Your main mission in the first week back into your fitness routine is to complete the days and habits establish at the beginning of the week.

You’re going to equip and condition your mind back into the necessary routine for success while establishing a baseline for where you currently stand.

Focus on getting back into the groove (oh Madonna, I couldn’t help it).

Here’s a sample list for week one to get you back into the groove:

  • Create a mission list– this serves as your checklist to operate throughout the week
  • Front load your work– try to identify your 3 biggest obstacles before setting forth on your reload week. Doing this keeps you one step in front of potential obstacles and distractions along the way.
  • Sample objectives– hit calorie/diet goals with 80% compliance, workout three times this week, and walk 30 minutes 5 days this week
  • Leave nothing to chance– Pack your gym clothes in the morning & go immediately after work. Batch your meals if you need to.
  • Make it real– Put your gym time on a calendar and only cancel for true emergencies. If it’s on your schedule, it’s real and you avoid the excuse of something came up.
  • No need to get fancy– Commit to working out 15-25 minutes, doing a few exercises (think compound movements). Here’s a guide to building an efficient & effective routine beyond the intro week.
  • Don’t forget old faithful– Get quality sleep each and every night. (7 hours minimum). If you’re far from this number, take small steps in 15-30 minute increments to get closer.

Ok, you got through the first week, how tough was it? What are your strengths? What about your weaknesses? How far could you walk? How was your conditioning levels? How did your eating go?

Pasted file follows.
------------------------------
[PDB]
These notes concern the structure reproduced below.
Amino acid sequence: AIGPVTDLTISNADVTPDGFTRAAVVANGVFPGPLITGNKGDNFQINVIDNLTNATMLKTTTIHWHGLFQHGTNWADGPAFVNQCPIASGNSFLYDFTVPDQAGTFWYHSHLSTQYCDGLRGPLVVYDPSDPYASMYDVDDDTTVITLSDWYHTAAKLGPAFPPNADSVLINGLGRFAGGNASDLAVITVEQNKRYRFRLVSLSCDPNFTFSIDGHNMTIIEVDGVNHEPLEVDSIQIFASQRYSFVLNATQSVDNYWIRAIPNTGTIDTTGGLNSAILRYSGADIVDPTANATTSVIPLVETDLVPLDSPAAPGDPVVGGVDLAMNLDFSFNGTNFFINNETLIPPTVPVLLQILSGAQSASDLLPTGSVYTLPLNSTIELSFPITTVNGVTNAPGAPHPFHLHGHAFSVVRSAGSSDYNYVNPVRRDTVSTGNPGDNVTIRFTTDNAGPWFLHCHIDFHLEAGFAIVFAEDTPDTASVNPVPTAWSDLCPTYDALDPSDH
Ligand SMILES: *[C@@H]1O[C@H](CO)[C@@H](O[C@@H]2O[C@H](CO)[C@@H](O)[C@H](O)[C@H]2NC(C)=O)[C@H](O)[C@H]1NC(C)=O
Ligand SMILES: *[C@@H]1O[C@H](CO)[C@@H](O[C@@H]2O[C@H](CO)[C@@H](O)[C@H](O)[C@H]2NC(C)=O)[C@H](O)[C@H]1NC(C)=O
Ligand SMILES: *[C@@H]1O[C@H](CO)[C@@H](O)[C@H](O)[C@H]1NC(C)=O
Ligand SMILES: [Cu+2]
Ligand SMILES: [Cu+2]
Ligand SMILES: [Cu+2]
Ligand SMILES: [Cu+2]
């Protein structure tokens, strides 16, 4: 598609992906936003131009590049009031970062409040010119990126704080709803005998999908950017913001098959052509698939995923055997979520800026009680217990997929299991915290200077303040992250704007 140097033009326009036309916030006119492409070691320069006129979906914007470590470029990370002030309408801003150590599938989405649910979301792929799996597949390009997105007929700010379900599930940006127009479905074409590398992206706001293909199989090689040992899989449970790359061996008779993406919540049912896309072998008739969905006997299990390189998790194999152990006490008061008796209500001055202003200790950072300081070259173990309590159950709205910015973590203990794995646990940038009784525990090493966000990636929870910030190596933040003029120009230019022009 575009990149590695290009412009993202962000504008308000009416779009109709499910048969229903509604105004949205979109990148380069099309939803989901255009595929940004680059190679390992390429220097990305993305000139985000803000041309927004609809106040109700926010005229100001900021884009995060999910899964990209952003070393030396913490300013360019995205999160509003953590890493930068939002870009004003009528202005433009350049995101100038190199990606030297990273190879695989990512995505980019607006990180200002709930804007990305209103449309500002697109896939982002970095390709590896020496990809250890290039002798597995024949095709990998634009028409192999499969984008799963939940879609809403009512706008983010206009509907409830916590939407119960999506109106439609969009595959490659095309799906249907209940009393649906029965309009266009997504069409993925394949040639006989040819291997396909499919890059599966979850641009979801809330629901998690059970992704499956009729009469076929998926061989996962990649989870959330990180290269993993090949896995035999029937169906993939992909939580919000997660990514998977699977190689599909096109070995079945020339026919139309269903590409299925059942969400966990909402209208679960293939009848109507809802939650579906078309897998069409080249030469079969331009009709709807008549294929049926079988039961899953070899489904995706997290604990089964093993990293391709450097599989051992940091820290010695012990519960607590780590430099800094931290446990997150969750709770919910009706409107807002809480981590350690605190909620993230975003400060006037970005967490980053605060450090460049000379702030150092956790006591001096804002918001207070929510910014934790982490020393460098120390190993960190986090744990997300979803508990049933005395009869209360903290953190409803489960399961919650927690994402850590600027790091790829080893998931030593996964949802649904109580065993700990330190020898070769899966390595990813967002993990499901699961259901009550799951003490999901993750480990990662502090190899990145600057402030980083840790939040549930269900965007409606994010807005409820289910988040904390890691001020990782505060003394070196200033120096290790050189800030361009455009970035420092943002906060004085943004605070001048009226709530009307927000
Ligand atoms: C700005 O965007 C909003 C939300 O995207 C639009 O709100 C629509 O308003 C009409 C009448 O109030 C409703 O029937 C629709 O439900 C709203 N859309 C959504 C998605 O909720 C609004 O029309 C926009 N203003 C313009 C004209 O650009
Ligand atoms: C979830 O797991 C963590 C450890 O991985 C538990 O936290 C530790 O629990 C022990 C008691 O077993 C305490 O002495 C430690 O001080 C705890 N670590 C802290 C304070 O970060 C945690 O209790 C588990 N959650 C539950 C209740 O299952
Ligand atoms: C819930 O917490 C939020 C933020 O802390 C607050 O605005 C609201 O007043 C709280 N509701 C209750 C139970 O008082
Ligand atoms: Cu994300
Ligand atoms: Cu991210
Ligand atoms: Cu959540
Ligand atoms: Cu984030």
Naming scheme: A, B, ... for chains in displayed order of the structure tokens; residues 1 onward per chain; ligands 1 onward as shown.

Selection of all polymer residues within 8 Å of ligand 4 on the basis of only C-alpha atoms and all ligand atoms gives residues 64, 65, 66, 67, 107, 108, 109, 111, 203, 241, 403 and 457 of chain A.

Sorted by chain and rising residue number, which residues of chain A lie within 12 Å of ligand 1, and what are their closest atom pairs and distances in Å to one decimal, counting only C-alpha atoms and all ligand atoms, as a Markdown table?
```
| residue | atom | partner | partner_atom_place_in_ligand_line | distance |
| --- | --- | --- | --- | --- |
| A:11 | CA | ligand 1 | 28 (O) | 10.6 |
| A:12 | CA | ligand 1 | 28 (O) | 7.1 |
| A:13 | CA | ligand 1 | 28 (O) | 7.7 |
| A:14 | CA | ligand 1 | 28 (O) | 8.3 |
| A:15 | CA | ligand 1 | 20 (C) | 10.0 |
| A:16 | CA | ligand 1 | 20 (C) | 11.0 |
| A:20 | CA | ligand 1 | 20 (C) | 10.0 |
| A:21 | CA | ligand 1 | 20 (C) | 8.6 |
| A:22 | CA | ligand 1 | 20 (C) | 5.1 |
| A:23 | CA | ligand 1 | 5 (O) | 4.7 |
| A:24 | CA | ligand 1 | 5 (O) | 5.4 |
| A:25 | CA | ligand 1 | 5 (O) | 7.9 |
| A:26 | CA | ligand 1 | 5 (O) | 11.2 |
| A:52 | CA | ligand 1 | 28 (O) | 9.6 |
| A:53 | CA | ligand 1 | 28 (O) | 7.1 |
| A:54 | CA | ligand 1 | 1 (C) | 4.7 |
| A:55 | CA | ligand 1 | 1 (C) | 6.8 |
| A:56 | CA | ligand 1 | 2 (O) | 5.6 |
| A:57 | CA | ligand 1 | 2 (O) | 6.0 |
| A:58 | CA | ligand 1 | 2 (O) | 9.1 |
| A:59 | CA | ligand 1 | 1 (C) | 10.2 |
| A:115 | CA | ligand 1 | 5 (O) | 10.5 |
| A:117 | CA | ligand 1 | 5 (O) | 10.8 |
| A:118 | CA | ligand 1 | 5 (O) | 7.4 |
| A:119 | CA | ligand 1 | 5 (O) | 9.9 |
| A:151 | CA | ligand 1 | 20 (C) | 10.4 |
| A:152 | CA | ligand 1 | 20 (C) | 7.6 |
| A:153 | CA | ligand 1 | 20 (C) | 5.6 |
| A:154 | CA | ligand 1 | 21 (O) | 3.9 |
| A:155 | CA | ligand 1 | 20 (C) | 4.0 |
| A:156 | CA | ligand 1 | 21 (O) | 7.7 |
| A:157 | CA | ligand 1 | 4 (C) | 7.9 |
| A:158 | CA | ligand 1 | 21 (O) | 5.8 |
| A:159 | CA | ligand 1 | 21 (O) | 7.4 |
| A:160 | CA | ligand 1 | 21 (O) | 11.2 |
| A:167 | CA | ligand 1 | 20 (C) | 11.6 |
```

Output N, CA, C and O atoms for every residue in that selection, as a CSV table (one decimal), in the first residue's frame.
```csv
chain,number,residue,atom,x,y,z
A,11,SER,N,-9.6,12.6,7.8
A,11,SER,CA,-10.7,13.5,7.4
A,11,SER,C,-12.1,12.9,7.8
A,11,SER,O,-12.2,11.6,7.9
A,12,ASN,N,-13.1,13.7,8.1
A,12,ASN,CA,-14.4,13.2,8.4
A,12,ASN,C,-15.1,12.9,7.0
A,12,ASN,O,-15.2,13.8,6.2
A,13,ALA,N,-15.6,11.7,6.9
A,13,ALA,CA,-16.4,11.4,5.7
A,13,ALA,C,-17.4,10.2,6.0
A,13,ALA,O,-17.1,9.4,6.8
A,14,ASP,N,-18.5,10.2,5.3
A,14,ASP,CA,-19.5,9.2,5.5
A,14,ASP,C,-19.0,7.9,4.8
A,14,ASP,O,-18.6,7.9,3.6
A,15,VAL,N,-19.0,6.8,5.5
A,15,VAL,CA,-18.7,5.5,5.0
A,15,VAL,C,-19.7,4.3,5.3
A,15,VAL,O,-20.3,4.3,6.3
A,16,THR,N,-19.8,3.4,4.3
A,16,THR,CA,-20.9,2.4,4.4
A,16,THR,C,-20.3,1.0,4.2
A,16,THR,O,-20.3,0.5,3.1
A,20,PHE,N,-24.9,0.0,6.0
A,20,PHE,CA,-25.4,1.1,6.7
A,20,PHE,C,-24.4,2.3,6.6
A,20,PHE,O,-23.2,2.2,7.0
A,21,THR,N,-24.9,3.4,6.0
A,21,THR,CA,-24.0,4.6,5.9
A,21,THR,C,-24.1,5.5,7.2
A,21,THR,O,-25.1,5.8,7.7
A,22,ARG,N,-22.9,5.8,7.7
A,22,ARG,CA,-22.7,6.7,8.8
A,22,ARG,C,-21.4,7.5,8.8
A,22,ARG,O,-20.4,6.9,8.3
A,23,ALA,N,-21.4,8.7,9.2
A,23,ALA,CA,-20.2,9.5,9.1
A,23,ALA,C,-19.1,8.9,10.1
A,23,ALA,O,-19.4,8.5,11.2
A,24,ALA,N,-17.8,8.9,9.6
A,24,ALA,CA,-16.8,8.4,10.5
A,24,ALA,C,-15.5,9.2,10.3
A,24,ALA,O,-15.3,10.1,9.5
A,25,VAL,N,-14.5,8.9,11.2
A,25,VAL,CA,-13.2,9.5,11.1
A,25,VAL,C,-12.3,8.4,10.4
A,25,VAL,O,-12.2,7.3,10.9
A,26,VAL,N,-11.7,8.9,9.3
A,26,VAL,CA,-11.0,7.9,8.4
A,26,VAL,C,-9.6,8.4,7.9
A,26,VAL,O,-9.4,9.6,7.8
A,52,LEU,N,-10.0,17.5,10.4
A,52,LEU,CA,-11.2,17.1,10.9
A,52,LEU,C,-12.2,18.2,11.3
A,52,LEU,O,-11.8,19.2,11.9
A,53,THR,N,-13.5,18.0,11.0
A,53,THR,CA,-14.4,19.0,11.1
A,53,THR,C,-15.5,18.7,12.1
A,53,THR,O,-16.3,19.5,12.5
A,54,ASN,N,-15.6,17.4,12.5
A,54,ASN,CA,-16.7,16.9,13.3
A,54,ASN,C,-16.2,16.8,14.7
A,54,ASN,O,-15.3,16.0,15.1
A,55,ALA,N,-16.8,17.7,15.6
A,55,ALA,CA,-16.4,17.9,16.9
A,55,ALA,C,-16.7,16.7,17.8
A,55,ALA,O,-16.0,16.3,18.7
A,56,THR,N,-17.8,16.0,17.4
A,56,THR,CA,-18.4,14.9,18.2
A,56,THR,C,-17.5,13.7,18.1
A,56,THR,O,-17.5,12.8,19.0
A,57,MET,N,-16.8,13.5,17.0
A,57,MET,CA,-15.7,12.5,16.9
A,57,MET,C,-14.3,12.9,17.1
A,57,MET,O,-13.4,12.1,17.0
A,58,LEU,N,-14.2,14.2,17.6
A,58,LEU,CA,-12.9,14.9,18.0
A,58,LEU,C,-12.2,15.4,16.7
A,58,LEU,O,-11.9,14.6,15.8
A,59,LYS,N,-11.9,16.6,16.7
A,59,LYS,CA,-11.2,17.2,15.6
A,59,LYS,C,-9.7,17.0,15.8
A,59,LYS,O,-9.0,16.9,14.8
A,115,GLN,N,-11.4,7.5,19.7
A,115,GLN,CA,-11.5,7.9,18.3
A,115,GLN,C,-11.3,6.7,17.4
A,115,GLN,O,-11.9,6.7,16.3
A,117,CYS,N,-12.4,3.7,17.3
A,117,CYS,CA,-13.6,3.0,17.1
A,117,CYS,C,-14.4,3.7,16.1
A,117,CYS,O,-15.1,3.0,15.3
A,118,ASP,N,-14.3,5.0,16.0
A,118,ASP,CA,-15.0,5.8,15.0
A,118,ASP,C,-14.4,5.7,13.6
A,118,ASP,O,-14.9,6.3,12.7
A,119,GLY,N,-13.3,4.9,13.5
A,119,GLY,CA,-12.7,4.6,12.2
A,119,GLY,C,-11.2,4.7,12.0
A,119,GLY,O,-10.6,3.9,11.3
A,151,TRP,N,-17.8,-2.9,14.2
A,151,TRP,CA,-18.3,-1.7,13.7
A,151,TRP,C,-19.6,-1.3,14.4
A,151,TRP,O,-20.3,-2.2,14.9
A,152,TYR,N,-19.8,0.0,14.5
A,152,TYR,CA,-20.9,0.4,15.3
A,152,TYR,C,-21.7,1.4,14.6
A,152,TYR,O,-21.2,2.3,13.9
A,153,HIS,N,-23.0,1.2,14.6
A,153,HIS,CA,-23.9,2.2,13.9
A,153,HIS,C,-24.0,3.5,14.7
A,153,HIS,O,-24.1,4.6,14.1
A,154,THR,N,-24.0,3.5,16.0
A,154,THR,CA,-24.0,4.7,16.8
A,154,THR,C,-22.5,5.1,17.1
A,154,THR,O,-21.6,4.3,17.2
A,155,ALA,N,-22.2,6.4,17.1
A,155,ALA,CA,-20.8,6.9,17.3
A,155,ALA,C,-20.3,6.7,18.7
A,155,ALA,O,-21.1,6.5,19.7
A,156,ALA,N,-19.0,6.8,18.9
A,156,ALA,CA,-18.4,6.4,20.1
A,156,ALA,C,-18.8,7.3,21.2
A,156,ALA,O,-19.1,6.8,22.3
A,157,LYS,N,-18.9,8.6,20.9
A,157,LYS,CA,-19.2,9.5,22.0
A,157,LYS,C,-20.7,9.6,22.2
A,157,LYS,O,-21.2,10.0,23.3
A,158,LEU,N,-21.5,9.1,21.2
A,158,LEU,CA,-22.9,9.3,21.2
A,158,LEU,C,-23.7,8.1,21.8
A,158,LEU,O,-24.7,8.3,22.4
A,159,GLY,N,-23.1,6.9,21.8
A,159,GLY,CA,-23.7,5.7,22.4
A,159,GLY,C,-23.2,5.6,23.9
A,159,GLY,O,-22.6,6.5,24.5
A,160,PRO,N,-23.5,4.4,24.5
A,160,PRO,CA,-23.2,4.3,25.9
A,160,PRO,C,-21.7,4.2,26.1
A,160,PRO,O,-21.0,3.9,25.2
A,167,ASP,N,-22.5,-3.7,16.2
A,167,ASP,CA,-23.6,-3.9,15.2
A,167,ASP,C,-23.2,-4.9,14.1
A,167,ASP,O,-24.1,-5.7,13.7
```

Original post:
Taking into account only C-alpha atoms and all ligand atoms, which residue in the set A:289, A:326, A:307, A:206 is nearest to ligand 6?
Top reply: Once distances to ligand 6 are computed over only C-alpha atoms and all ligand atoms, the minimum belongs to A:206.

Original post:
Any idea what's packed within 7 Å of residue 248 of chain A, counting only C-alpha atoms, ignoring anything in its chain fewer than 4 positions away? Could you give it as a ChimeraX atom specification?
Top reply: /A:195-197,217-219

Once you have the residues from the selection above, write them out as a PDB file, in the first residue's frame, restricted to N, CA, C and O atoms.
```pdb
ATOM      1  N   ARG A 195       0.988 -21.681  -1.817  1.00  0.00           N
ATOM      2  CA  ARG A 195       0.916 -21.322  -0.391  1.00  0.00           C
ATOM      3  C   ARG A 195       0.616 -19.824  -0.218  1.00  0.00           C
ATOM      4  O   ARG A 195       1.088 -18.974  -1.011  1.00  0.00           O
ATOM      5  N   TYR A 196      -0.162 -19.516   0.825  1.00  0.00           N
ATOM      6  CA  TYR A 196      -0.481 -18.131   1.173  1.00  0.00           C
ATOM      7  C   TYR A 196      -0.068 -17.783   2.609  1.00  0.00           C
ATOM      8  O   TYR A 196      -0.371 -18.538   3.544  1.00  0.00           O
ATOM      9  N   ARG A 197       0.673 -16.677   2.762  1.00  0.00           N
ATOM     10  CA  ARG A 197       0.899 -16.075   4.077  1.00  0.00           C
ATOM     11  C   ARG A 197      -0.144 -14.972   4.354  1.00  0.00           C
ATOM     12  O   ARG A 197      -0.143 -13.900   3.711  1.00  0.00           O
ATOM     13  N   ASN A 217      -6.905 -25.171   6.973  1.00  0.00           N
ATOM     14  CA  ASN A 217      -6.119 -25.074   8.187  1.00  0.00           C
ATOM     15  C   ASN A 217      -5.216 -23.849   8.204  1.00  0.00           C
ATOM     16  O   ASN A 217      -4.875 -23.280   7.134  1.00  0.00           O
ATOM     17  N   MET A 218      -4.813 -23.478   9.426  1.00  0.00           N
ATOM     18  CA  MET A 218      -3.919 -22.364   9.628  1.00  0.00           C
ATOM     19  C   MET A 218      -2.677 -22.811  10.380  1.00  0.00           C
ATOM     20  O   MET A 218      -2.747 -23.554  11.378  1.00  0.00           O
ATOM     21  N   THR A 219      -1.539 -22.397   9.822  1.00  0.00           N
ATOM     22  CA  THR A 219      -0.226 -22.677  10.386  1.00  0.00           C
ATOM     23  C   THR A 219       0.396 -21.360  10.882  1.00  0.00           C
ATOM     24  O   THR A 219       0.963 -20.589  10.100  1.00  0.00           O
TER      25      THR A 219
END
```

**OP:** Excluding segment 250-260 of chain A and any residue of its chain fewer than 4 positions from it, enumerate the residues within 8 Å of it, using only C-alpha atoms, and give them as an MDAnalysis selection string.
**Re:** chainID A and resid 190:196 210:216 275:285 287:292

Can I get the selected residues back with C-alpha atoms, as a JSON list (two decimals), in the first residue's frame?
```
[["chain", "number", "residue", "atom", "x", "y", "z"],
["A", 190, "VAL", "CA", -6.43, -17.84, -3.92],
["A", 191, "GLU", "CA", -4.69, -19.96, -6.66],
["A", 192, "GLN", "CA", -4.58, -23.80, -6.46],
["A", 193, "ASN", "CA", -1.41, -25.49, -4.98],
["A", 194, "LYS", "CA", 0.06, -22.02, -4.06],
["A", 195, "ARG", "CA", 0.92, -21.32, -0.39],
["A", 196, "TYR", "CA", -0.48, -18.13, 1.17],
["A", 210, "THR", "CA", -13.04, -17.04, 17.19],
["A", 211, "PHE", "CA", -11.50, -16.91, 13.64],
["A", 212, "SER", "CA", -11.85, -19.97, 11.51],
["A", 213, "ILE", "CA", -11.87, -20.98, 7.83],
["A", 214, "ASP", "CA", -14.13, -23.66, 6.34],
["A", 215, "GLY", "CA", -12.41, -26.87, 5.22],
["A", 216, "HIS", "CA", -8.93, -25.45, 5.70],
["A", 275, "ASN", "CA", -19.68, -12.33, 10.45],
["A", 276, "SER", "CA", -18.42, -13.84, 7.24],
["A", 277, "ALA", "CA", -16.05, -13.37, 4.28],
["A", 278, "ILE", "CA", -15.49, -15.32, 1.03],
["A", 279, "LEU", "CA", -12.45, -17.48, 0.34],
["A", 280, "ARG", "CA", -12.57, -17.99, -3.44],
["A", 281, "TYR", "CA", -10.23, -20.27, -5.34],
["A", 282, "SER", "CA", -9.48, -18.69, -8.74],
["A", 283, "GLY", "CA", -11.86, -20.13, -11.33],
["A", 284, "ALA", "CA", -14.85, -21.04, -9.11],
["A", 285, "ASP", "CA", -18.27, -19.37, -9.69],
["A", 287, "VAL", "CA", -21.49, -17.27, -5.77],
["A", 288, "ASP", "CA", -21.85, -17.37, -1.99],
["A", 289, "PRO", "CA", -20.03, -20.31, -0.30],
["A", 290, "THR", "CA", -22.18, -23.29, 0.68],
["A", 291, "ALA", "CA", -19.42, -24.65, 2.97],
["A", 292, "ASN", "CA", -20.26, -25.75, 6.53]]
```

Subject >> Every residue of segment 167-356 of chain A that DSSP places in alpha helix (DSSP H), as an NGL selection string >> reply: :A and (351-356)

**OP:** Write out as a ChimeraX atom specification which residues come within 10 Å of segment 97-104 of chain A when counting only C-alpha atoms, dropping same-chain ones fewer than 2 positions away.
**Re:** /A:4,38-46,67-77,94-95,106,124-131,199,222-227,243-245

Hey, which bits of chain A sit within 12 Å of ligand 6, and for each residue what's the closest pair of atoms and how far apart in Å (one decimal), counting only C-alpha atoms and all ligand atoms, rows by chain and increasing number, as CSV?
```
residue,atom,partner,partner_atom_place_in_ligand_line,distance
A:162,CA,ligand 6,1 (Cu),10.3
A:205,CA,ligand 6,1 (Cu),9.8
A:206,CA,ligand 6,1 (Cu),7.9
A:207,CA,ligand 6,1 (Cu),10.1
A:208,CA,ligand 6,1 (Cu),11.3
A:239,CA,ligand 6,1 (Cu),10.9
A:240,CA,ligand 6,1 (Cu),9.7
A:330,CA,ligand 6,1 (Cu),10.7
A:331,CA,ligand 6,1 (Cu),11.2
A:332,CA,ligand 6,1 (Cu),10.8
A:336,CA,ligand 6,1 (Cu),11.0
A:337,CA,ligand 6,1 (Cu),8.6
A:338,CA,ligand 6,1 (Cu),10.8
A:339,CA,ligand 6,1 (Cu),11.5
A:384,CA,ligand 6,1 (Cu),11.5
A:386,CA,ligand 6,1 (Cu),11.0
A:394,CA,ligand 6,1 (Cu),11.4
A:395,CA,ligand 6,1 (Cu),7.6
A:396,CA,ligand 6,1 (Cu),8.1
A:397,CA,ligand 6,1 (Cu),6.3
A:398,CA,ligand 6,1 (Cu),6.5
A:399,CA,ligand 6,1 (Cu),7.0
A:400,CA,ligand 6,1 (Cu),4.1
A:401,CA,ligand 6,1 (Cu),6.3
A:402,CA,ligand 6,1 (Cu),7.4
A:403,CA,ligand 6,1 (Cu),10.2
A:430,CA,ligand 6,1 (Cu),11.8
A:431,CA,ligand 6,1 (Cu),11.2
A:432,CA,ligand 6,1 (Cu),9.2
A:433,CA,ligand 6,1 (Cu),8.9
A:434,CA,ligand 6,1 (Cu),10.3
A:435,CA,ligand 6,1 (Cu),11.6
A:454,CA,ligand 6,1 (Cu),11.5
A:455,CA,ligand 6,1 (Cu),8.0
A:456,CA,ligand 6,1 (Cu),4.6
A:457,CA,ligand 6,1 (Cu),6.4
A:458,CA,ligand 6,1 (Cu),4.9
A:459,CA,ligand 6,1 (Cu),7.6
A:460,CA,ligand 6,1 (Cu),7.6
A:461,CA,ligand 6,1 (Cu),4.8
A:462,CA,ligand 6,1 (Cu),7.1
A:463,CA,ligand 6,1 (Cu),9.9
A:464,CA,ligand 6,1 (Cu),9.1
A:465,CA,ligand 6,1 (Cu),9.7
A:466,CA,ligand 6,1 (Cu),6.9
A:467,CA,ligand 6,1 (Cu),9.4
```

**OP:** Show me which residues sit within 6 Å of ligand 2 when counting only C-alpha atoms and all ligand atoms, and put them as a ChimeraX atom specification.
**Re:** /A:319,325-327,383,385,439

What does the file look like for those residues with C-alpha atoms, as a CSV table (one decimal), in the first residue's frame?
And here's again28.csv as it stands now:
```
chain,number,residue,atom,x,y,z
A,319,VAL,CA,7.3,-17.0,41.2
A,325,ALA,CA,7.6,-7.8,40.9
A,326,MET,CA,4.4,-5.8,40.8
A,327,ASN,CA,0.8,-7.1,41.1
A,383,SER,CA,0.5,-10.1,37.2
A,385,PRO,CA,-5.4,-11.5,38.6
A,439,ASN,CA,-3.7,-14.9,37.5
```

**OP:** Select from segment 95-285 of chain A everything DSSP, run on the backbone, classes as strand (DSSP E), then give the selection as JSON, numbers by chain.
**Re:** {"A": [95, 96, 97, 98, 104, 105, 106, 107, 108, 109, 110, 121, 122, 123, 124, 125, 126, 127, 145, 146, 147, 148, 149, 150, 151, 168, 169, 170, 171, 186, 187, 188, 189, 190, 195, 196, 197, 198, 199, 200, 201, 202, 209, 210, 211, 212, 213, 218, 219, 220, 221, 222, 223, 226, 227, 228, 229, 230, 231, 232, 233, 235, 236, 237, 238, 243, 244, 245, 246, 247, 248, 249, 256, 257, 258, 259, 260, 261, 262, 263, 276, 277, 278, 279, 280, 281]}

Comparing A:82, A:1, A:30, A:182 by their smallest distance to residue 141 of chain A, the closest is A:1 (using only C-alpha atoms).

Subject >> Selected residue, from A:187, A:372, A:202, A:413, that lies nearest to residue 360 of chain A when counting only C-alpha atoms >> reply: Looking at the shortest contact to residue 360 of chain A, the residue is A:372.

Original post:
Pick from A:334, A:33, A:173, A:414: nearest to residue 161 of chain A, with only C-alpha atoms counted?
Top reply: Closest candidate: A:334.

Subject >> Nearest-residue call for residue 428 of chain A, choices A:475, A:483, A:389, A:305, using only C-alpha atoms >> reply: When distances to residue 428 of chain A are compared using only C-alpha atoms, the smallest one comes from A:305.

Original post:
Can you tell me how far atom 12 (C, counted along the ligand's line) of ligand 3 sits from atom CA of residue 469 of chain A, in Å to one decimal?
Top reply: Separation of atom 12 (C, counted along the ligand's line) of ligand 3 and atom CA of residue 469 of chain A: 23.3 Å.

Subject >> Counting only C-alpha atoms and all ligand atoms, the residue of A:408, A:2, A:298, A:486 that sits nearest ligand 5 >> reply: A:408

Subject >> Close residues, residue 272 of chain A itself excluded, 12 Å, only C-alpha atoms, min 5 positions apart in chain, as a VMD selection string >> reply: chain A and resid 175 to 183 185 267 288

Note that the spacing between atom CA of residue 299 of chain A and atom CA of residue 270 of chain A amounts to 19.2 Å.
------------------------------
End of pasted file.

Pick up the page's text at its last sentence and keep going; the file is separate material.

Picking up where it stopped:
These are your baseline parameters from which to operate from in the upcoming weeks. Your only objective is to improve upon the intro week metrics…nothing else

5.Show some gratitude

It’s not sexy, but appreciating yourself works wonders for your psyche. Take a moment and think about how you felt and what you were capable of before you ever started to workout. Think about what accomplishing those first few fitness goals felt like?

You probably felt on top of the world, like nothing  was impossible. But as we know by now, happiness is fleeting. With success comes raised expectations which are where you currently sit. You know what you can do and what you’ve accomplished in the past. Think about your mindset currently and realize what you expect now out of yourself is most likely something you didn’t expect ever out of yourself.

That’s a damn good feeling that you must never forget. So while you’re striving to fall back in love with fitness, think about what you initially wanted to do and accomplish.

For some, it was losing 20lbs, benching 200lbs, playing in the park with their kids without running out of breath, run a marathon, get off blood pressure medications and other various medications.

It’s about perspective. We can look back on our past fitness selves and accomplishments, but let’s also look back to square one before we accomplished anything and look where we are now.

Give thanks to what has been accomplished, but realize that the best is yet to happen. Version 2.0 of yourself is waiting. Crush your previous baseline numbers, take it slow, and go have some fun